Overall, this brief interchange illustrates many features of independent writing and of classrooom talk. Though writing independently, students are subject to the attention of the teacher and of other students. Thus, it is very much social activity, even though students are engaged in writing their own texts. During independent writing, the teacher does not directly point out errors but rather requires that students attend to their writing and find errors when she indicates that something is not right in their writing. Indications of errors might be something like the indrawing of breath, or like this ...

Teacher: owh (0.4) [you've you've gotta leave a space though

All up. A little bit of talk, even a sound tells a lot. What does "owh" tell us? And for that matter, why does the teacher tell what the problem is after making that sound? And what does "though" indicate? Something has been done by the student that is partly right?

Wednesday, May 11, 2005

say it with more interest everyone, "Can a fish swim?"

thanks to mighty-min for this pic (courtesy of flickr) Posted by Hello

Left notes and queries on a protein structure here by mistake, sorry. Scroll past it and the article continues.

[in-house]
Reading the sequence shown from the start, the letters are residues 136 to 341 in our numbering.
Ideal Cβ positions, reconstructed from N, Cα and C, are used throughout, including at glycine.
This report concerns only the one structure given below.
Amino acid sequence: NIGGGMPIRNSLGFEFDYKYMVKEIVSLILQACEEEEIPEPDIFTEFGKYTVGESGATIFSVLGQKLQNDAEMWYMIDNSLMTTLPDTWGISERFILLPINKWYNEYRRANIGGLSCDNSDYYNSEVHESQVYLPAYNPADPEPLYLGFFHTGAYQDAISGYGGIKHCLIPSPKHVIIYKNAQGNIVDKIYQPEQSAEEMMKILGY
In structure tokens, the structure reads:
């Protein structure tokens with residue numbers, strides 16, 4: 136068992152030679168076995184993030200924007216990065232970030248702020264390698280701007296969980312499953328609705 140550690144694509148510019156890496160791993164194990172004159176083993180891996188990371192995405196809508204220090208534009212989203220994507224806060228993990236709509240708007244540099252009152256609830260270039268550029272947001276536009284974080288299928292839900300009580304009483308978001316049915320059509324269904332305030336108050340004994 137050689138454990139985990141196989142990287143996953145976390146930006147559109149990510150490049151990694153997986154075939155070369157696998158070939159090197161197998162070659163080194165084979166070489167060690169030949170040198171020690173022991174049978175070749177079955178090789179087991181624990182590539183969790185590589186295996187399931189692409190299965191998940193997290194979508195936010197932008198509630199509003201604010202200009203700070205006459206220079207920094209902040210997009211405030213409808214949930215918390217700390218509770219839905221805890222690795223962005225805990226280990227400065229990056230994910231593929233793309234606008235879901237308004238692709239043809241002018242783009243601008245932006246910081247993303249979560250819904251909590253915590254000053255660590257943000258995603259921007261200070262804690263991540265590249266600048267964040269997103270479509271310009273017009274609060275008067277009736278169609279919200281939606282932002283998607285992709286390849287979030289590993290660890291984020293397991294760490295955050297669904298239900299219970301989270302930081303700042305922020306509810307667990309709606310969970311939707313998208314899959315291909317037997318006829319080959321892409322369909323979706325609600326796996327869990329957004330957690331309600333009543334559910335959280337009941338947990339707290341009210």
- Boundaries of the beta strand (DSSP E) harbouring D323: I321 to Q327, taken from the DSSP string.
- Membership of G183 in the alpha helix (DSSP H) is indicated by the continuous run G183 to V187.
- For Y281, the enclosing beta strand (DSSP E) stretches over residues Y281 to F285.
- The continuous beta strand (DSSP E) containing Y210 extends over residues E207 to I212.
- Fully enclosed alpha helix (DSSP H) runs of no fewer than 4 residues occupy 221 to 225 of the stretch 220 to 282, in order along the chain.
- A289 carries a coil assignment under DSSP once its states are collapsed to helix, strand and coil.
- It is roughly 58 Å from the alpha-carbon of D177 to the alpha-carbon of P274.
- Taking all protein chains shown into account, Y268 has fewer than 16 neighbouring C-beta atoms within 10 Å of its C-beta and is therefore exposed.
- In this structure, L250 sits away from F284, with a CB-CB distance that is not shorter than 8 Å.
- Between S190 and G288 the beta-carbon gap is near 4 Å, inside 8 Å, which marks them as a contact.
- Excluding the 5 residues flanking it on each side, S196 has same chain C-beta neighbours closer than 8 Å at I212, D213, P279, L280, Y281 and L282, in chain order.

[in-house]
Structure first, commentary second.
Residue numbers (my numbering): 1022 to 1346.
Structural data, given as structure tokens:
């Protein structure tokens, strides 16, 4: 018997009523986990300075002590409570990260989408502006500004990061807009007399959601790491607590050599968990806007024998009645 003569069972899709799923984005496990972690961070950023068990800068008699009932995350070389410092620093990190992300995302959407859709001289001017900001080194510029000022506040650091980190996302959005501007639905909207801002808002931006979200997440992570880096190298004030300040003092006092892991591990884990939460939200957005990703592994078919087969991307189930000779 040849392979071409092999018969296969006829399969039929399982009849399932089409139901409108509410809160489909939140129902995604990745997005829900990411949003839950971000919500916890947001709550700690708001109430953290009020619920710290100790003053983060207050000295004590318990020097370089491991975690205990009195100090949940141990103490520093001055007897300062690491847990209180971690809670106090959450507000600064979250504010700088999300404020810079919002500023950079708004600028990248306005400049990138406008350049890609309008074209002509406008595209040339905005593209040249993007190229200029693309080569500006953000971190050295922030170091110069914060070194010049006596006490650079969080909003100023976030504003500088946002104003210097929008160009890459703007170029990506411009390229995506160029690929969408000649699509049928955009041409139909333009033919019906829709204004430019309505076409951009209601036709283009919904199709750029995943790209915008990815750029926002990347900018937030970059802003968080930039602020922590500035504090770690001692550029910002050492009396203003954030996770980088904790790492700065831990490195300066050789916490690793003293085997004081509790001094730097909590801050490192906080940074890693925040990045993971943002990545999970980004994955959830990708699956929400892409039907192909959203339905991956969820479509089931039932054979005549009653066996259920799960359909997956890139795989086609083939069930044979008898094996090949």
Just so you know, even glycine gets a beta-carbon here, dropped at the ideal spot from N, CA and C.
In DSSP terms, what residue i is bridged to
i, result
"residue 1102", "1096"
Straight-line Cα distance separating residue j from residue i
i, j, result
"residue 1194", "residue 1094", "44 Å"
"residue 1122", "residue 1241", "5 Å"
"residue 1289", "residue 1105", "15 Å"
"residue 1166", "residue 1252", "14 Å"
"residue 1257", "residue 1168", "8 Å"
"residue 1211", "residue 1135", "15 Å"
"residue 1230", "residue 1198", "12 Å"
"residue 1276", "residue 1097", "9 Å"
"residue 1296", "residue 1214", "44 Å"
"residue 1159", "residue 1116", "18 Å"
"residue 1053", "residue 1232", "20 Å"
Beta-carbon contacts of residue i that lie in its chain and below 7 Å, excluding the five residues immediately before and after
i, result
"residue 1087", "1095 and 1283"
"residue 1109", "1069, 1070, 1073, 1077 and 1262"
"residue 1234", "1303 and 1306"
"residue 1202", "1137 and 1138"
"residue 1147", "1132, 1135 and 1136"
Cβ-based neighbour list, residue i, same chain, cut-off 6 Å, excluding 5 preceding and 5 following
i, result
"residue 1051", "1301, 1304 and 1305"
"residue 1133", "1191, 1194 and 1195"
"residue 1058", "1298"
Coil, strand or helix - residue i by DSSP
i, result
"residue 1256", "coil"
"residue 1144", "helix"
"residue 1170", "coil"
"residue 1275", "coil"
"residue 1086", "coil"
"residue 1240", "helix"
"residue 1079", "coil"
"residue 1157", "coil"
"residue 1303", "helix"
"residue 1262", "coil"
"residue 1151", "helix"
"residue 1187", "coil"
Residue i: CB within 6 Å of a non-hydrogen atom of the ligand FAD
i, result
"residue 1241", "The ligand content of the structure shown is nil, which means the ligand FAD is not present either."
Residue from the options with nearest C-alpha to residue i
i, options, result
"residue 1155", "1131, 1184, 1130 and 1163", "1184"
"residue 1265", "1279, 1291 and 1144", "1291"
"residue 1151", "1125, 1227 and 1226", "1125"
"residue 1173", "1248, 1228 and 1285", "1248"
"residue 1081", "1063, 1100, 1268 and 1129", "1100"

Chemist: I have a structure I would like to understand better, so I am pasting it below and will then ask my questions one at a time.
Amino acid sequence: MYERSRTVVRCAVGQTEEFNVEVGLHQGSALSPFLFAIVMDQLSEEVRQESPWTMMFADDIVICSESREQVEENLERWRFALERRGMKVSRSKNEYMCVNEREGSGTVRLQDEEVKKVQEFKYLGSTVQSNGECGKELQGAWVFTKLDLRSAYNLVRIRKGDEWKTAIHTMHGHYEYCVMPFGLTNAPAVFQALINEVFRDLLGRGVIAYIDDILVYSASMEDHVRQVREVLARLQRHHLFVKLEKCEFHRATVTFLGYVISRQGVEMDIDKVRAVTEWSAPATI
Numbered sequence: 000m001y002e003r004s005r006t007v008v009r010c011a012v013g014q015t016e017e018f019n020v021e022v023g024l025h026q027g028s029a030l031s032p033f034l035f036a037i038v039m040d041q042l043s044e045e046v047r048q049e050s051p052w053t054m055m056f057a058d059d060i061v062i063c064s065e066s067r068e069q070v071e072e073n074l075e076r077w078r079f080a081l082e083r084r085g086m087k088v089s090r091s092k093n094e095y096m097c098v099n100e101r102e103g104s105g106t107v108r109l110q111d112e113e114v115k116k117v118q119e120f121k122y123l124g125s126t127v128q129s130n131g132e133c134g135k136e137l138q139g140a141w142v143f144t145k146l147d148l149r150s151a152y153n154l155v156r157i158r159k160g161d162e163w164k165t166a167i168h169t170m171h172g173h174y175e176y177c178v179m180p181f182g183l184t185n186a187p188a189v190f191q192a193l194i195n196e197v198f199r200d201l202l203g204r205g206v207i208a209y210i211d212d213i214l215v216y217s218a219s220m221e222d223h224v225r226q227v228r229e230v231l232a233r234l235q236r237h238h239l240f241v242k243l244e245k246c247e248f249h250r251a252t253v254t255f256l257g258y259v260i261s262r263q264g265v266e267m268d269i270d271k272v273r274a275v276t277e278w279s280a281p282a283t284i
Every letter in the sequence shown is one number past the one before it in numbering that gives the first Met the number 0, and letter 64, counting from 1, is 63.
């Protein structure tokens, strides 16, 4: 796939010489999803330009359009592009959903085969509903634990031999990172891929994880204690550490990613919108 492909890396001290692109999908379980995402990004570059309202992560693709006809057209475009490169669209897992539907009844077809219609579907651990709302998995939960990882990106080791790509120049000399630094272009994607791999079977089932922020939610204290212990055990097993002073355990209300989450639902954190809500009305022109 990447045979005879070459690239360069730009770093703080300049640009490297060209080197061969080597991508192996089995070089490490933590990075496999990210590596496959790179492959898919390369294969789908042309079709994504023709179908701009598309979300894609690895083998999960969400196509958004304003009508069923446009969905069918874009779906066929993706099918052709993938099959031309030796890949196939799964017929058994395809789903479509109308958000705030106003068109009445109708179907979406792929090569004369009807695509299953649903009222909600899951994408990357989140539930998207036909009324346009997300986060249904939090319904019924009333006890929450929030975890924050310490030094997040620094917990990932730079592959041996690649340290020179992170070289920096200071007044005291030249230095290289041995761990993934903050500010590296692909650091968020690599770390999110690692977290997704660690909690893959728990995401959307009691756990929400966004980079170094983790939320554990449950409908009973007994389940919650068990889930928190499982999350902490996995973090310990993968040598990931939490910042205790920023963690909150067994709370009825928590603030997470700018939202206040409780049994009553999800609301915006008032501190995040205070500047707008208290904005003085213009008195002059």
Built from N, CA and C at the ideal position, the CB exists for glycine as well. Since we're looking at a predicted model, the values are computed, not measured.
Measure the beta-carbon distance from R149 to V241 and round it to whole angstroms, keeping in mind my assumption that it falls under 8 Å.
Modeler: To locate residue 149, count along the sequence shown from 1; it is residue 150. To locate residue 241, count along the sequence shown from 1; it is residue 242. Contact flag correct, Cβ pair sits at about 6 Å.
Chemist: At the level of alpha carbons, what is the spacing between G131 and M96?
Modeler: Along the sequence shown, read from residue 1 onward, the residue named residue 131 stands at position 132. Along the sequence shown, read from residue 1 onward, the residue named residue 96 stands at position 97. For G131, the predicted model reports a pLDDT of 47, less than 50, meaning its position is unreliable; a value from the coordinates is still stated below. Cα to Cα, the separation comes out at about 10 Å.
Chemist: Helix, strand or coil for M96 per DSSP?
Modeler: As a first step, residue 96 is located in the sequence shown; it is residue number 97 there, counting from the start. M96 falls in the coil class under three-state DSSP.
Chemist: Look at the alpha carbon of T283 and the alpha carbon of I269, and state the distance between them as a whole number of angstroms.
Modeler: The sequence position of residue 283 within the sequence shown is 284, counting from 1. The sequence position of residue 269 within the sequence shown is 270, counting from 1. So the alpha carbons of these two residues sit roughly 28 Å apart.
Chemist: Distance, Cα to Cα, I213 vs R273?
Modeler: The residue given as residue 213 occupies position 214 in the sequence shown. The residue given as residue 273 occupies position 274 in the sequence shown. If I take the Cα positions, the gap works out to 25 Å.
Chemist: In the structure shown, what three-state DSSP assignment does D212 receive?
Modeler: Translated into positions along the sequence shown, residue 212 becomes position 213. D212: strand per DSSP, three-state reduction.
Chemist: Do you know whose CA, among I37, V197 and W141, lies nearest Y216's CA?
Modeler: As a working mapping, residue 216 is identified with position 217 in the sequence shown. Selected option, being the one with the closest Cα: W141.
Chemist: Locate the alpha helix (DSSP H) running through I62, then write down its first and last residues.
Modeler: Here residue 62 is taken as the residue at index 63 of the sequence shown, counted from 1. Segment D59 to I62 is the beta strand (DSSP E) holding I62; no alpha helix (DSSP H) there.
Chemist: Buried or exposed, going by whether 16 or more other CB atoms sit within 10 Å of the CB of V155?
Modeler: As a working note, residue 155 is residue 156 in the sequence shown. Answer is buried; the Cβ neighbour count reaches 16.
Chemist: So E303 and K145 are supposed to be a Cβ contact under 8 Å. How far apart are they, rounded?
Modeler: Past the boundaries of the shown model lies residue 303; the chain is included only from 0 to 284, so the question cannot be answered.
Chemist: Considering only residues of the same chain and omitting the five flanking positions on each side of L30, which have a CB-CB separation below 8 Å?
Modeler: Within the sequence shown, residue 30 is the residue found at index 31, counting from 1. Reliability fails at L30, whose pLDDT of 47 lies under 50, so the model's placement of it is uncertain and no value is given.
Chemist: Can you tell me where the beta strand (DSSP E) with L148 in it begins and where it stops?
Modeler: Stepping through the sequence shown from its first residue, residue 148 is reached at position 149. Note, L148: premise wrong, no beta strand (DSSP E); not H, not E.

Please do not take this pic for granted. It marks my first venture into uploading images to my blog. The image of the fish doesn't appear as I imagined it would, but I am pleased to get a picture up on my first try using "hello".

In this post I want to say something else about the transcript that has been the focus for analysis in my tute groups this week. My comments have been informed by students' questions about what should be of interest in a transcript analysis of classroom talk, or talk at home.

For me, the transcript was interesting because it captured just the ordinary activity of one teacher in a classroom literacy lesson. It was only a snippet of the lesson and wasn't chosen by me because there was something extraordinary about it. Rather, I think that what makes the transcript interesting is it "ordinariness". Unpacking the interaction that constituted that tiny bit of the lesson gives us an insight into how students and teachers go about their lessons on a daily basis. That makes it interesting.